Stef Reid is a veteran of Paralympic sport but that didn’t stop the Scottish athlete from feeling the nerves of the World Para Athletics European Championships.
That’s because the 33-year-old was embarking on new ground in Berlin, warming up for her favoured long jump event with a stab at the T64 200m final.
It wasn’t to go her way at least in terms of medals, finishing fourth in a time of 29.49 seconds, but the disappoint was minimal for a double Paralympic silver medallist who knows her best is still to come.
“It was nerve racking at the beginning. It was fun, which I guess is a bit of weird definition,” she said.
“We came in looking to try something new, we gave it a try and I am pleased with it.
“It is probably not easing myself into a Championships but we are exploring and trying to find things that work.
“There are a variety of reasons why we choose to start like that, obviously it needs some refinement but it is OK, we can do that.
“We always knew we were going to use this year as a bit of an experiment and exploration. That involves doing uncomfortable things and sometimes you have to dive right in.
“I am much more comfortable in the long jump, which is Sunday. Now that this is out of the way, that is nice, and it will be back to something a little more familiar.”
Also competing in Berlin was Paisley’s Ross Paterson, who fared markedly better with a silver medal in the T38 400m.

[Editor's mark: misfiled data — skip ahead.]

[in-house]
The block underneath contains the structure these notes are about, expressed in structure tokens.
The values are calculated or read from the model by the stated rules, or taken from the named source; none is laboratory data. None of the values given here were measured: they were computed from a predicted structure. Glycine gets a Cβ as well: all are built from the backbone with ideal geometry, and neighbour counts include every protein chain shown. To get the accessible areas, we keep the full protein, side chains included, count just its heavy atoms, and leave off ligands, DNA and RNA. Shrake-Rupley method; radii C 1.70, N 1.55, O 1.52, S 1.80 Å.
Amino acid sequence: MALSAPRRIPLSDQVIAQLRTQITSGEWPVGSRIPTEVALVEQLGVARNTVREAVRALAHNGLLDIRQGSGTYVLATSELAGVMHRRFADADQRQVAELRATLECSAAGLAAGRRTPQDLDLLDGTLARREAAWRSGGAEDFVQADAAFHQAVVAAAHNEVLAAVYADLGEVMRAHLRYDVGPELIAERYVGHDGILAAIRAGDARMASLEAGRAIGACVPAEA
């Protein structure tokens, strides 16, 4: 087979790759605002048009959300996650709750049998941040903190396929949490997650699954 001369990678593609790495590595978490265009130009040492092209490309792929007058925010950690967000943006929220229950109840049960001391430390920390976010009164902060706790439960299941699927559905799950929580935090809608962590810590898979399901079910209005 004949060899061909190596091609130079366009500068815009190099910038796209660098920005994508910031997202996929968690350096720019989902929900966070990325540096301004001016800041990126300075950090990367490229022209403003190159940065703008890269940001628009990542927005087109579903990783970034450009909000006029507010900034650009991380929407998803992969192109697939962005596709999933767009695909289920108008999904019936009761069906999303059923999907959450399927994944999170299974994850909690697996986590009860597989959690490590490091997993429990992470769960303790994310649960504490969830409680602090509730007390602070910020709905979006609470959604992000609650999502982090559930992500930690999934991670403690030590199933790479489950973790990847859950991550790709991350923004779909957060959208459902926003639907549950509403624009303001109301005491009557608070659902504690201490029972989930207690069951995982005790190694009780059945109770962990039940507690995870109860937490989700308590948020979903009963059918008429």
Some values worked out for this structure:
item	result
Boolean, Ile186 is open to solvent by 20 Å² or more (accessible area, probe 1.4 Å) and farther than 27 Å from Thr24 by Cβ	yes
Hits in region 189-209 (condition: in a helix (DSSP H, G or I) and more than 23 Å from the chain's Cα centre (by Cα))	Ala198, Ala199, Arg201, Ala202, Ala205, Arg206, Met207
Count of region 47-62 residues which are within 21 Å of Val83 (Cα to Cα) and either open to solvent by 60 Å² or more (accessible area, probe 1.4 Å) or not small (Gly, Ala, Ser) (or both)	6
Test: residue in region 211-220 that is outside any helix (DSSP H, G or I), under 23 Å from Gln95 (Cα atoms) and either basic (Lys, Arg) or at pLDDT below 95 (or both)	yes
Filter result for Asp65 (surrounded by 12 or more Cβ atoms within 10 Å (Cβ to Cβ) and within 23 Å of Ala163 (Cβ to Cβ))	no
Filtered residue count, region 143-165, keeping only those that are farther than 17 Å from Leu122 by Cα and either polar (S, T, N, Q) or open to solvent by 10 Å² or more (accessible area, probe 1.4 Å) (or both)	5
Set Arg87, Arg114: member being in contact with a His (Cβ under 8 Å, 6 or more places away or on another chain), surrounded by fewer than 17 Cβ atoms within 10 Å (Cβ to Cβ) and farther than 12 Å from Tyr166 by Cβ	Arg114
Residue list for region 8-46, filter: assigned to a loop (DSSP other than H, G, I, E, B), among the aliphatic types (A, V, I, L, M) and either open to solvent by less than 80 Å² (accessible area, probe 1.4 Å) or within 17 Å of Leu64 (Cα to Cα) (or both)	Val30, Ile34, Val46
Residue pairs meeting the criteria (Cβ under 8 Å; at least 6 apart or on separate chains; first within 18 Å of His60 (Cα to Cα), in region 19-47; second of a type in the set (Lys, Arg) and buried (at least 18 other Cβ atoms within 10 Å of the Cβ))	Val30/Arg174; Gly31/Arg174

Just being on the start line was a revelation for the Scot but, with the 200m still to come, the taste of success is already proving a sweet one after finishing second in 56.82 seconds.
“It’s unbelievable – even just being here is brilliant so I am glad that I went out and put in a performance,” said the 19-year-old who has hemiplegia, which affects the control, coordination and movement of the right hand side of his body.
“I will come back next year even stronger. I knew what it would be like. It was a great race and hopefully I can come back stronger.”
British Athletics works alongside UK Sport and the National Lottery to support the delivery of success at the world’s most significant sporting events, principally the Olympic and Paralympic Games. They do this via the funded initiative, the World Class Programme, one part of the British Athletics pathway.